It’s becoming an annual tradition to get a big space epic in early fall. Two years ago it was “Gravity,” last year it was “Interstellar.” This year it’s “The Martian,” which if nothing else finally breaks the losing streak of movies set on Mars (“John Carter” anyone? And if no one answers, well, that was the problem). It’s a more laid-back film than the comparable fall space odysseys, but there’s a quiet intensity to it. There’s also a decent amount of traditional intensity to it.
Matt Damon stars as Mark Watney, a botanist participating in a mission on Mars that goes haywire. A storm kicks up that causes the team to have to leave immediately. Watney gets hit by a piece of debris and essentially blown away. His team, led by Commander Lewis (Jessica Chastain), tries to get him back, but they’re in danger from the storm themselves and they realize that he probably didn’t survive getting hit with the metal shard, which punctured his space suit. Reluctantly, they leave Watney behind, not knowing that he’s still alive. The shard did puncture his suit, but it’s also holding the suit in place. After some nasty self-surgery, Watney comes to terms with the fact that he’s stuck on Mars alone.
The rest of the film sees Watney struggling to survive on a planet that has never before had to sustain a human life. The team did leave a shelter full of supplies behind, but he has a host of other problems. He has to figure out how to grow food, which is a tall order even for a professional botanist. He has to survive storms worse than the one that originally got him stranded. Most importantly, he has to figure out how to contact NASA to help him get off the planet, even though it will inevitably take them several years to get another ship to him and he may not have the resources to survive that long.
The rescuers struggle with problems of their own. NASA rushes to send Watney aid and they have to cut a few corners in the name of urgency. Watney’s original crew, still in space, debates an unauthorized rescue mission. Basically, everybody is having to make impossible decisions and overcome overwhelming obstacles. A few of these Earth and deep space scenes probably could have been cut, especially ones involving Donald Glover as a scatterbrained scientist that may have a perfect solution but nobody believes. We’ve seen this character a million times before and there’s no way other people aren’t coming up with the same solution.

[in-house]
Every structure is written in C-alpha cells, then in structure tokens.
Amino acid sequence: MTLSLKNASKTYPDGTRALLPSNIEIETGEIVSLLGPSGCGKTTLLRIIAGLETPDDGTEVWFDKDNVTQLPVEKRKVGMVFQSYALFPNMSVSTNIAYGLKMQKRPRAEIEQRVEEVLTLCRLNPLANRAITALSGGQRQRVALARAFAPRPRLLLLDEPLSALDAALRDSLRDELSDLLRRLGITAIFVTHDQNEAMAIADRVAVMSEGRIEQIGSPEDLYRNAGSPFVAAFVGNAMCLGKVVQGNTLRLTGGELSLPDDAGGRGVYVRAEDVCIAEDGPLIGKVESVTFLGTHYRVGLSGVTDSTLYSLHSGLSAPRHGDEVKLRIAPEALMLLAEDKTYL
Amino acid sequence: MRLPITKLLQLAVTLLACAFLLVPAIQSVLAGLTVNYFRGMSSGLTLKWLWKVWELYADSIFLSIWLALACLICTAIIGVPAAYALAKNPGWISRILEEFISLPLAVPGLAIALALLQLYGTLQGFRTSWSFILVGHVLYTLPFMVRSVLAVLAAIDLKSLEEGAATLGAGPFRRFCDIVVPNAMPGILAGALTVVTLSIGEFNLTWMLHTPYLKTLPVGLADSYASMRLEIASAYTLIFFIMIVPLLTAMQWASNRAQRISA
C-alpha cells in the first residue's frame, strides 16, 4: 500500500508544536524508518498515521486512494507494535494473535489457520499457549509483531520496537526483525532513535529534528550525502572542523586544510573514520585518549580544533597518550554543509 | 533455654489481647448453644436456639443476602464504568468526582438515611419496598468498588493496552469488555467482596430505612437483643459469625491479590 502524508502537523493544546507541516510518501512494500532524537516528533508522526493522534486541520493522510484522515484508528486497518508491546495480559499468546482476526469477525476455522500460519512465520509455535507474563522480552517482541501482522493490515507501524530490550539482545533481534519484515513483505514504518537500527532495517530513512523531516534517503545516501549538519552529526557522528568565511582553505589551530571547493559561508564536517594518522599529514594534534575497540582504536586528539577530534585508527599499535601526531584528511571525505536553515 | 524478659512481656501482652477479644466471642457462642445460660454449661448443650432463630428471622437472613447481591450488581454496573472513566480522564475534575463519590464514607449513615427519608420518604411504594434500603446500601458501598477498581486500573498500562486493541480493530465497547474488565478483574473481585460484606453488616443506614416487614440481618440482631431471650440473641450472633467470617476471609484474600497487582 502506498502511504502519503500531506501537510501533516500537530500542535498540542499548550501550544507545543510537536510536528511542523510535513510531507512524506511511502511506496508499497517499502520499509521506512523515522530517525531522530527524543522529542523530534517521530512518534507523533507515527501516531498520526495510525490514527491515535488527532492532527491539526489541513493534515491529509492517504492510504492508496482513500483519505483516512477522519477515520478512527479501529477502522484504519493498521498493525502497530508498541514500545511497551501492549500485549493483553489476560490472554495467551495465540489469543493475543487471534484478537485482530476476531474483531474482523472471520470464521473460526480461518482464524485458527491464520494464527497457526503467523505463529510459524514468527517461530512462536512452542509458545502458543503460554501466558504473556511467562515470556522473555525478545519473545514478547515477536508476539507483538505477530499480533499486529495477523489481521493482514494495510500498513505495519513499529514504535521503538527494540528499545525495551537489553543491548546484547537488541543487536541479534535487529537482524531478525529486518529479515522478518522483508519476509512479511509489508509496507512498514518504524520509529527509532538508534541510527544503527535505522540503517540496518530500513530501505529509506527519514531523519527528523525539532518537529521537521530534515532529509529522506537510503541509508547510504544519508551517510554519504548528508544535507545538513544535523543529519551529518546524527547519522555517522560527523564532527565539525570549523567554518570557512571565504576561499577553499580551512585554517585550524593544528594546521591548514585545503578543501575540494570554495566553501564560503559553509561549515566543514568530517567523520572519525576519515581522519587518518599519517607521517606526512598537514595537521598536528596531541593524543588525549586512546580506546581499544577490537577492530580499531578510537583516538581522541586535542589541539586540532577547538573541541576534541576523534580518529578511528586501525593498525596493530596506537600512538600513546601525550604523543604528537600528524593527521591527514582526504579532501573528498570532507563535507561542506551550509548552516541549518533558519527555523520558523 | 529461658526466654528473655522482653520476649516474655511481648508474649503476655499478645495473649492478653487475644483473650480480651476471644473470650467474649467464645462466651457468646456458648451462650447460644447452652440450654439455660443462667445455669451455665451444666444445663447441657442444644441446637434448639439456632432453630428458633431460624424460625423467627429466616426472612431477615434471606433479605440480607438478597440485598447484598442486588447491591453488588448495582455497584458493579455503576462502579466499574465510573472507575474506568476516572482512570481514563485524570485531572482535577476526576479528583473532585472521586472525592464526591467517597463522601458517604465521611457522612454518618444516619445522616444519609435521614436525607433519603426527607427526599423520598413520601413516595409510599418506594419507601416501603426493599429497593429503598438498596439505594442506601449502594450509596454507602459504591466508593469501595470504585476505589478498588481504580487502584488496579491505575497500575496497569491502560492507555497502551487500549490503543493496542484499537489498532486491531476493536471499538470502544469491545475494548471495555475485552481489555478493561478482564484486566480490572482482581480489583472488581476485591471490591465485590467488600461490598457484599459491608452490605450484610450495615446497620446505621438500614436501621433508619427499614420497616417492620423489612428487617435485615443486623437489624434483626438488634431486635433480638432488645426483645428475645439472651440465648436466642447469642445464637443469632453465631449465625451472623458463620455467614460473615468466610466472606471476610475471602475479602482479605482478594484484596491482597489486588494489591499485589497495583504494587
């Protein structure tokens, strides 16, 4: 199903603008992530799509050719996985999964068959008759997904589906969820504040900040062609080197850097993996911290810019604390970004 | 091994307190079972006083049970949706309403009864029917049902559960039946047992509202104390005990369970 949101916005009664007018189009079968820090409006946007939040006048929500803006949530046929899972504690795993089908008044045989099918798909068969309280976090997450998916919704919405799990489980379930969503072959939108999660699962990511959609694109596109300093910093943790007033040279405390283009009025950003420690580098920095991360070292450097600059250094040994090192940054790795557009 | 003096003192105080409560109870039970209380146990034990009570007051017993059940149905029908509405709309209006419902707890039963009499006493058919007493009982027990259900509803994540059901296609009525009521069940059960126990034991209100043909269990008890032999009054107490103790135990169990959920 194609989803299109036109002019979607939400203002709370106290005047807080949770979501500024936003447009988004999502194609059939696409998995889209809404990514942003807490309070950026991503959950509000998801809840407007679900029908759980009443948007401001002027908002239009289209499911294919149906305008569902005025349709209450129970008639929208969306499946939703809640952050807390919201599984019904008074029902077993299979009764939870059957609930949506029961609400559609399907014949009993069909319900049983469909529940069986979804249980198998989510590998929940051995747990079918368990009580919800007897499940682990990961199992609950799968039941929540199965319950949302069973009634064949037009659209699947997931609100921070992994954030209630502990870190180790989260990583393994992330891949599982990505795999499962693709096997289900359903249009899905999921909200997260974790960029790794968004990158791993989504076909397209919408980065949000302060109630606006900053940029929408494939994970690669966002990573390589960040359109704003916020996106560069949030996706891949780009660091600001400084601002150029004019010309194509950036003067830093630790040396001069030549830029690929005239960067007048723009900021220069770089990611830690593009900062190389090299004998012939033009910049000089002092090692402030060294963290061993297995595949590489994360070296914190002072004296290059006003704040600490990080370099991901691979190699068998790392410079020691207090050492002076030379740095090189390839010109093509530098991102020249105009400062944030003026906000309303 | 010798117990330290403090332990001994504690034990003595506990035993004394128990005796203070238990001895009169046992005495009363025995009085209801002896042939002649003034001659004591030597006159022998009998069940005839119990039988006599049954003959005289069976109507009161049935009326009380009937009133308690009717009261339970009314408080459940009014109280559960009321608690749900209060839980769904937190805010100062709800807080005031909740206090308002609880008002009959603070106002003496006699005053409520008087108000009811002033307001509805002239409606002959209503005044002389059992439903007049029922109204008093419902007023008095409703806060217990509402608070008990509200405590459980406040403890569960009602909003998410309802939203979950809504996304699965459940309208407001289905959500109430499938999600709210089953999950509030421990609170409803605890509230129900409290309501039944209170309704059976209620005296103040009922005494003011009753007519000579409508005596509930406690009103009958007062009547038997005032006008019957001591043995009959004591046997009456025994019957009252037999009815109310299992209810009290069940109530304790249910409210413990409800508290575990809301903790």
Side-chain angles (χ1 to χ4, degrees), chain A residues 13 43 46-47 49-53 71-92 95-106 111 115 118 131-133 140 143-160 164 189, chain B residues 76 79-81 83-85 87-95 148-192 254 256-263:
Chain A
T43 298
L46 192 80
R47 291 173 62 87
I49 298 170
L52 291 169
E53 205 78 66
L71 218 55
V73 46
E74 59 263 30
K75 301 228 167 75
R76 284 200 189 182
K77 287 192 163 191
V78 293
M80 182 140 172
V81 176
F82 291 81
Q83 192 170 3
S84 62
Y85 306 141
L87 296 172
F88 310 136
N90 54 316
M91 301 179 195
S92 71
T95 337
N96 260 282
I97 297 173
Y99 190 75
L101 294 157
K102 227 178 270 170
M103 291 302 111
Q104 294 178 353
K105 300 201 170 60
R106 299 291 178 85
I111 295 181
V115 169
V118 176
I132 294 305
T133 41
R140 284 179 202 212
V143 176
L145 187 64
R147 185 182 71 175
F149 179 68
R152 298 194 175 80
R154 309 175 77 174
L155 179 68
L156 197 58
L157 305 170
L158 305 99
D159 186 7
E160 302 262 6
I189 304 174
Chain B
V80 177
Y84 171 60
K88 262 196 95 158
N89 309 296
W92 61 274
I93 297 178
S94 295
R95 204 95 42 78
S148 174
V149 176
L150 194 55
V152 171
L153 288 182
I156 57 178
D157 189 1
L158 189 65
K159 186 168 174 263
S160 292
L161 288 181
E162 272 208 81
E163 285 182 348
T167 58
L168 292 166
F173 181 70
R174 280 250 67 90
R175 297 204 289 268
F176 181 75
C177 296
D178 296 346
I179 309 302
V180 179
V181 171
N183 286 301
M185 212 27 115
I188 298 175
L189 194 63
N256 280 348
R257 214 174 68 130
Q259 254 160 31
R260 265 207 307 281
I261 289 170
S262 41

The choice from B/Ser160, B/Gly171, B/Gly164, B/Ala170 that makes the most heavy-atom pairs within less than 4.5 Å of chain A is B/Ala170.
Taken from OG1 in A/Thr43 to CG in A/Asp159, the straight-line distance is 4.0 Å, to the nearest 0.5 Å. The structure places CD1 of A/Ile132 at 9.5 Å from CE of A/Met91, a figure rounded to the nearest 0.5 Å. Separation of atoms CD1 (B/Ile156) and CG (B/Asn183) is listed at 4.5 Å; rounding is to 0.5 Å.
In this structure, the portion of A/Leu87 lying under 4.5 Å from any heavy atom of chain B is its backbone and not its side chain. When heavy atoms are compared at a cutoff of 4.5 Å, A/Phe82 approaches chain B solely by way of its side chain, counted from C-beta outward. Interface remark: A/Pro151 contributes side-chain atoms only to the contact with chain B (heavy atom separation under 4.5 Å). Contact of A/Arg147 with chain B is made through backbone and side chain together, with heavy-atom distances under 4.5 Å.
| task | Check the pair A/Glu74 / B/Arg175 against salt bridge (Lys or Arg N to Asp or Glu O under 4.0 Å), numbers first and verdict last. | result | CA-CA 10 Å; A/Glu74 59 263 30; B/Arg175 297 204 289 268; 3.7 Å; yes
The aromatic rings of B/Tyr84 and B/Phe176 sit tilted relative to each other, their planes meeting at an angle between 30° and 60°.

Almost all of the obstacles are overcome with science-heavy solutions, or at least science-y sounding solutions. I’m terrible with science, so the movie somewhat lost me during these parts. I’ve heard people complaining that a lot of the science in the movie doesn’t check out and some of it does seem suspicious. I doubt duct tape is the insulator that the movie insists it is. I doubt that astronauts can transition between zero-gravity and regular gravity as smoothly as they do. I really doubt that a self-propelled “rocket” at the film’s climax would ever come close to working. Again, I’m not into science, but that scene… just can’t be right.
For better or worse, “The Martian” is a movie that takes its time. At its best, this means that the movie takes time to develop characters, build suspense, capture despair, get in some humorous pontifications, and give us some great shots of Martian (actually Jordanian) scenery. At its worst, this means that the movie drags, especially with the Earth scenes. I’d say that as long as you’re not in a hurry, you’ll find “The Martian” worthy of your time.
“The Martian” is rated PG-13 for some strong language, injury images, and brief nudity. Its running time is 141 minutes.
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